Thelma grinned. "Then marry her, Daddy"
James blinked again. "SAY WHAT"
Thelma rolled her eyes playfully. "You heard me, Daddy. You two would be good together, and Ma would bless it. I know it."

"I'll think about it, sugar," James said, pulling his daughter into a tight hug which made Thelma giggle. A little while later, Thelma went off to bed, but not before pausing at the entryway and looking over her shoulder.."Daddy?"


"I can help you pick out a ring"
"Go to bed!" James laughed.
"It'll be a nice one"
James got up, mock-menacingly. "Don't make me pop you on your behind"
They both laughed, Thelma playfully running up the stairs. "Night, Daddy!"

James slept well that night, first time in awhile. He fought the urge to call Wilona on the telephone, as it was late Wednesday night. She'd be out Friday night; they could talk then. He still had his other children to speak with.

Thursday morning, breakfast came. Thelma had already left for school; she and her friends stopped off at a local diner once a week before school. Lisa woke up that morning, clammy and with a stuffy nose; the onset of a summer cold. She padded down to the kitchen. "Daddy, I don' wanna go to school today," Lisa announced, bundled up in her bathrobe and slippers. She looked pathetic and wasn't faking. She could easily spread the cold to her entire pre-k class. Would it be just a few months until she started Kindergarten? Damn. Time flies.

"And you ain't goin' today, either, little girl. You gonna spend the day gettin' rid of that cold, so it don't hang onto you for the whole summer." He ruffled her hair and gave her a wink. "Thanks, Daddy," Lisa said, sitting at the table and pouring some Rice Krispies out of the box. James winked again for reassurance, and leaned to kiss the top of her head, as he went to pour his little one some orange juice.

Michael came down next, raring to go as always. "Mornin' Daddy, mornin' Lisa," he said, swinging by the refrigerator for apple juice, and 2 pieces of bread for the toaster.

Lisa sniffled a greeting and James replied with, "Mornin', son. You bringin' lunch or buyin' it?" James had really adapted to the routine of caring for the house. He could make a good bag lunch in record time and having put a lot of work into the house, he knew where everything went. He'd even made some tasteful built-in cabinets in strategic places around the place, to help with storage.

"You mind if I buy today, Daddy? It's spaghetti and meatballs," Michael asked. He didn't want to hurt Daddy's feelings, but he LOVED the school's spaghetti and meatballs. James just laughed. "Mind? Hell, I'd give you more money to bring some leftovers home!" James went into his pocket, giving Michael lunch money and some extra for an ice cream.

Lisa pouted at the sight. "Why Michael get an ice cream and I don't"
"Because Michael's goin' to school and they sell it there to kids who eat all their lunch," James said.
"I like ice cream too! I always eat ALL my lunch! And my school ain't got ice cream!" While it might look to the reader as a whine, it was more of a mournful lament of injustice that James couldn't help but smile at. Michael turned away to smile, too..he didn't want Lisa thinking he was making fun of her. He wasn't. It was just the notes in her voice and how she said what she had the ability to make even the most stonefaced smile.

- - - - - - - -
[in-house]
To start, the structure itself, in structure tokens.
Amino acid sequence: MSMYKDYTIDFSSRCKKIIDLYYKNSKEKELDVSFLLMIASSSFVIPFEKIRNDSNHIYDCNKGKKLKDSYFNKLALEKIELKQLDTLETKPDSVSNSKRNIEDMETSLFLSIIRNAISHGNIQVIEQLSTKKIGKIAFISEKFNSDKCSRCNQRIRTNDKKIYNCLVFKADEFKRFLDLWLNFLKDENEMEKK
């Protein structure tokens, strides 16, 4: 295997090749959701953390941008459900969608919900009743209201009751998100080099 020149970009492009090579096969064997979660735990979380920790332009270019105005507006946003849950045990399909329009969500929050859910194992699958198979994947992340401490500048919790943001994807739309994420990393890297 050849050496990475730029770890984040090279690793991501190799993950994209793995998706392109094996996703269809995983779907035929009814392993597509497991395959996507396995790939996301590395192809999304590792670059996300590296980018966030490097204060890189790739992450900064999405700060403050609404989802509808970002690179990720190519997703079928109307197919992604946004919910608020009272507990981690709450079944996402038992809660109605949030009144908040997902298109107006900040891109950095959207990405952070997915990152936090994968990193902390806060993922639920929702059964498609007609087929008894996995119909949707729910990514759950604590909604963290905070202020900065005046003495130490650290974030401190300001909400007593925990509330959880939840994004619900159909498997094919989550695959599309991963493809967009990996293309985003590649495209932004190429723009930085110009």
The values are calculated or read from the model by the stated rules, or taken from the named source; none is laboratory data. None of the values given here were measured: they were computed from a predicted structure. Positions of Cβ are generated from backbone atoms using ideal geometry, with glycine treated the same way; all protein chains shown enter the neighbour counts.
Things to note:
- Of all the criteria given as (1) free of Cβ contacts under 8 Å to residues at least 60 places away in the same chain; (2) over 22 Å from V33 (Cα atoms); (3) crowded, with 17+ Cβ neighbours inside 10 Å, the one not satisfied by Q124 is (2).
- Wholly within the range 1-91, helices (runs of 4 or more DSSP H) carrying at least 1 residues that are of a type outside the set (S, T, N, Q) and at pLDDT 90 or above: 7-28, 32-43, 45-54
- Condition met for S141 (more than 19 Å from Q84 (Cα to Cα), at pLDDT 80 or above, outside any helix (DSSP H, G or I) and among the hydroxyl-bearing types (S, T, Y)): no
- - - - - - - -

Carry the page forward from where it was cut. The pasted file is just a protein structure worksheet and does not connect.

"Well, baby girl, there ain't much school left. You'll go to big school soon, and you can buy ice cream there. I promise. And if you're feelin' better tonight you can have some after dinner, okay?"

"Well, okay," Lisa conceded, and nibbled at her cereal with a big sigh. Michael finished up his breakfast, kissed Lisa's forehead, grabbed his books and waved to James. "Remember, Daddy, Thursday is the day we stay after to go to the nursing home and read to the old people"
"Okay, Michael. See you at about 5 then"
"Uh huh. Bye"
"Have a good day, son." Michael went out the kitchen door and it was just James and his youngest. He took a seat beside the table, and poured some Rice Krispies out for himself.

Lisa gave him a little grin. " 'lo there, Daddy," she said, and scooted her chair closer. James put his arm around his littlest, most affectionate child. "And hello there, you," he said, giving her a little squeeze.

"So I'm stayin' home today, hm"
"Yup. Gonna get rid of that cold"
"You want it"
"No, I don't want it, why you ask me that"
"Well, I sure don't want it!" She giggled.
"Baby girl, I don't think anybody wants it."

The conversation devolved into silliness, about how they could get rid of it: Throw it in the garbage, wrap it in a box and give it to the nosy neighbor 3 doors down, things like that that ended up with Lisa in a gigglefit and James grinning. Just a special, silly moment between them. As her giggles quieted, they finished breakfast and he told her to 'park it' on the couch. She dragged an afghan and turned on the television while James cleaned up from breakfast, and she settled in underneath it, resting.

James went over the words in his mind as he cleared the table and wiped the counters, editing them as he rinsed the cereal bowls, editing them again as he unplugged and covered the toaster. Finally, he was ready.